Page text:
There are lots of great things to love about fall. There’s cooler weather, apple picking, Halloween… but arguably one of the best things is the natural art show that deciduous forests put on. Every fall these forests turn from their typical green to vibrant hues of red, orange, and yellow. It’s a spectacular site to see and one that people travel miles to visit (in Vermont we call them leaf peepers). But what’s the story behind this beautiful show of color, and why don’t all trees do it? As always, there’s some pretty cool science happening behind the scenes.
What’s the weather like right now? Let me guess, you just glanced out a window? Or maybe you consulted the meteorologist in your pocket. Either way, odds are most people reading this won’t be outside. After all, Americans spend 87% of their time indoors. As a result, the weather is much less a constant concern of ours than a welcome reminder that nature still exists beyond our buildings.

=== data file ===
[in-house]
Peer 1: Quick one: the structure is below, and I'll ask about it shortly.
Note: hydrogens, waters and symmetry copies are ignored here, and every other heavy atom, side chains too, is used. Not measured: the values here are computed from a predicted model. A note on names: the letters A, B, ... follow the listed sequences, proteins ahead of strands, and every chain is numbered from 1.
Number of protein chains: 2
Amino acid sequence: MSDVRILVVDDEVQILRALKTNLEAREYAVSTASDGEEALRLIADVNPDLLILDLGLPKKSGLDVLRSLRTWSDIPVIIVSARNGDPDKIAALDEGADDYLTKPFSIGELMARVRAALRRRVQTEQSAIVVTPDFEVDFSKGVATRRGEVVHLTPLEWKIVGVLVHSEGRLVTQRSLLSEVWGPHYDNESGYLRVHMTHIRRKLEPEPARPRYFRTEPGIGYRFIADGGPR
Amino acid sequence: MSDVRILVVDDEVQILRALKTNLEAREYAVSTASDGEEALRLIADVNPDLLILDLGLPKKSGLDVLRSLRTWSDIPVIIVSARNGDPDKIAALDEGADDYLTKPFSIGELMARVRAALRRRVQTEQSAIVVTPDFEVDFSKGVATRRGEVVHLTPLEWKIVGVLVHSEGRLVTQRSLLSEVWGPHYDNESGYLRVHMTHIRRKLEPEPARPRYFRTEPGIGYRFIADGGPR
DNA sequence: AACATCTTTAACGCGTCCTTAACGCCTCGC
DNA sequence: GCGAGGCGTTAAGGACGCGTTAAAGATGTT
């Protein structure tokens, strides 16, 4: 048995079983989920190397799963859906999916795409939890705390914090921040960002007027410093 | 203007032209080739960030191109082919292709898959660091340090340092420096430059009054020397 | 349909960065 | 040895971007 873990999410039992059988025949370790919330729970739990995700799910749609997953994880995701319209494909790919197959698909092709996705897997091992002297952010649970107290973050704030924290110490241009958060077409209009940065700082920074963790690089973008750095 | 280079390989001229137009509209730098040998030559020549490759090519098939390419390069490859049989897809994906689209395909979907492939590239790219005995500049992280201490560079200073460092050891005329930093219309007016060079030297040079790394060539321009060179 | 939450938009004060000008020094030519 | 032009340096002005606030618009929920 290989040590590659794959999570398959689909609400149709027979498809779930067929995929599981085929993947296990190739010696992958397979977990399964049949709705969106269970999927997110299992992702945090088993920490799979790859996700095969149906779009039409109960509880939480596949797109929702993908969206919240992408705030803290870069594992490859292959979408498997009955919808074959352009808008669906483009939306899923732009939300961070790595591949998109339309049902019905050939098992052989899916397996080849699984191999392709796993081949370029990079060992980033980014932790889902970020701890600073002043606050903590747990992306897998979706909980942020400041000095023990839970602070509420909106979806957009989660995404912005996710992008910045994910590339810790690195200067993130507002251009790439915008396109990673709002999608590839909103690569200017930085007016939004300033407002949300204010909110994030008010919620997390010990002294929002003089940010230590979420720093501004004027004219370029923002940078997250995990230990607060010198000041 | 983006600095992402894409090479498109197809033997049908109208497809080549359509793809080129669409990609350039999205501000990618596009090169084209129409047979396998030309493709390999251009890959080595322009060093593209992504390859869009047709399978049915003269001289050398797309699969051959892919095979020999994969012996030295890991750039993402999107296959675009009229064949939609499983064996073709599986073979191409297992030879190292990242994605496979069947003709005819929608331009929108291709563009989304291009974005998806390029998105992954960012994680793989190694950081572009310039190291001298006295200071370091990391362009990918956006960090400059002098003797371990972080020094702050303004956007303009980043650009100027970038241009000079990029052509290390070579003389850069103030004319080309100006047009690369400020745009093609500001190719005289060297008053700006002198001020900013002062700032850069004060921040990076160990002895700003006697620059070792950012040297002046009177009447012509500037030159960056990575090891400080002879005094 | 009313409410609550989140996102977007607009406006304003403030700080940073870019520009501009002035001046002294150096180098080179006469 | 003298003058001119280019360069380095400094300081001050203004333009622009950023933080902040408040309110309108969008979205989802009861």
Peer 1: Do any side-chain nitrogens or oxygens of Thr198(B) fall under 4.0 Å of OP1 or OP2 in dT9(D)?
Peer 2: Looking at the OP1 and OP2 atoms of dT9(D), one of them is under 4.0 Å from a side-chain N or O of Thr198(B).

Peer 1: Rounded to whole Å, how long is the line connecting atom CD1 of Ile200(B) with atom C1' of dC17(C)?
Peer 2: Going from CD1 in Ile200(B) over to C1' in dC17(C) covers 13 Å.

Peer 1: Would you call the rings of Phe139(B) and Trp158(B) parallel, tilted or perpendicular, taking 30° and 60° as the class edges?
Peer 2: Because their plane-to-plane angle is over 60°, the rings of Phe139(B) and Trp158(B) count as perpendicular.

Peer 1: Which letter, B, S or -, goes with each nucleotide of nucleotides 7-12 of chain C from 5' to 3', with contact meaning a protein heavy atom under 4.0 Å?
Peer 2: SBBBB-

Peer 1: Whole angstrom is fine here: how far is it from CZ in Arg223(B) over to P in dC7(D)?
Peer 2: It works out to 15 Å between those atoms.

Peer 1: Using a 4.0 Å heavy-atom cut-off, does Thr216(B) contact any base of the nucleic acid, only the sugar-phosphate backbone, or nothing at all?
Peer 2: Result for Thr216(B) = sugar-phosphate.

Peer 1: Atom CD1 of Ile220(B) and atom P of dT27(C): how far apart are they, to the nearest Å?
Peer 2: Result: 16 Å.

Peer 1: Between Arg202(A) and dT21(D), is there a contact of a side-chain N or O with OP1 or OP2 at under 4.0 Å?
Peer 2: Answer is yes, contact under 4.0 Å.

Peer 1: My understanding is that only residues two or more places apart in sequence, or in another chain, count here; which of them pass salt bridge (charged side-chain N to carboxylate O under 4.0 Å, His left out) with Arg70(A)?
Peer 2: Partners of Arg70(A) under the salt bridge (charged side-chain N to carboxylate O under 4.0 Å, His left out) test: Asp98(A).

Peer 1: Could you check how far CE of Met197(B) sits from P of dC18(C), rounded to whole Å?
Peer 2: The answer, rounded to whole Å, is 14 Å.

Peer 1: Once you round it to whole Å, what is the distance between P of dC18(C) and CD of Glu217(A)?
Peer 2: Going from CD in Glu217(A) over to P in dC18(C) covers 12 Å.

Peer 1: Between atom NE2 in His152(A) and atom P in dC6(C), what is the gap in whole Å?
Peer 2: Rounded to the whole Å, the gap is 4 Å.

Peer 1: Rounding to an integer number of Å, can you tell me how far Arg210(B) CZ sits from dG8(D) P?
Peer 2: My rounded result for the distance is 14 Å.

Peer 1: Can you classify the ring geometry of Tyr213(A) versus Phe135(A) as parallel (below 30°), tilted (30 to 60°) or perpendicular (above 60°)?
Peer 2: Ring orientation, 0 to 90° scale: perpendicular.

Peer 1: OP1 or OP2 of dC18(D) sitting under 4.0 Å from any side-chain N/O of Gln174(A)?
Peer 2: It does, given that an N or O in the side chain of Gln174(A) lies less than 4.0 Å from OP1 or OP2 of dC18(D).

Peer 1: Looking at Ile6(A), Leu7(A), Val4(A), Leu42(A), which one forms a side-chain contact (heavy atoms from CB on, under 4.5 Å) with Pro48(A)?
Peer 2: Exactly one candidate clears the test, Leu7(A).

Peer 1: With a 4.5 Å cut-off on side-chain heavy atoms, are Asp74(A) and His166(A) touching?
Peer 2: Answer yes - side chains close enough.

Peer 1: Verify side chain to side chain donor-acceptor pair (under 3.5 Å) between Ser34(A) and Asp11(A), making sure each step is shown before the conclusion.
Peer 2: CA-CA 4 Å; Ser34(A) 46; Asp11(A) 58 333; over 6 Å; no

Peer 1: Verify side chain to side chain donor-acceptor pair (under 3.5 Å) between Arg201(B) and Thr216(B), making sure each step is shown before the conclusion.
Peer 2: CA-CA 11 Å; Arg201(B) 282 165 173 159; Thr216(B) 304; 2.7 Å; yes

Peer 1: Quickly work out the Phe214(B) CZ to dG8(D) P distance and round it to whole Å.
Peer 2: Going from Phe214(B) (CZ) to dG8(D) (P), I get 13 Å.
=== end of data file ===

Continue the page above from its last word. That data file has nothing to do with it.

Humans are great at creatively conspiring against Earth’s elements, and the temperature is no exception. In addition to buildings, we’ve invented clothes to cover ourselves, thermostats to tinker with the temperature, and numerous other nature-numbing devices that solve the challenge of changing climates.
June brought educators from around the country to Washington, DC, to experience Smithsonian research facilities, interact with scientists, and engage in activities to bring back to their classroom. These educators were participants in the Smithsonian Science Education Academies for Teachers (SSEATs), a weeklong event that focuses on the professional development of science educators.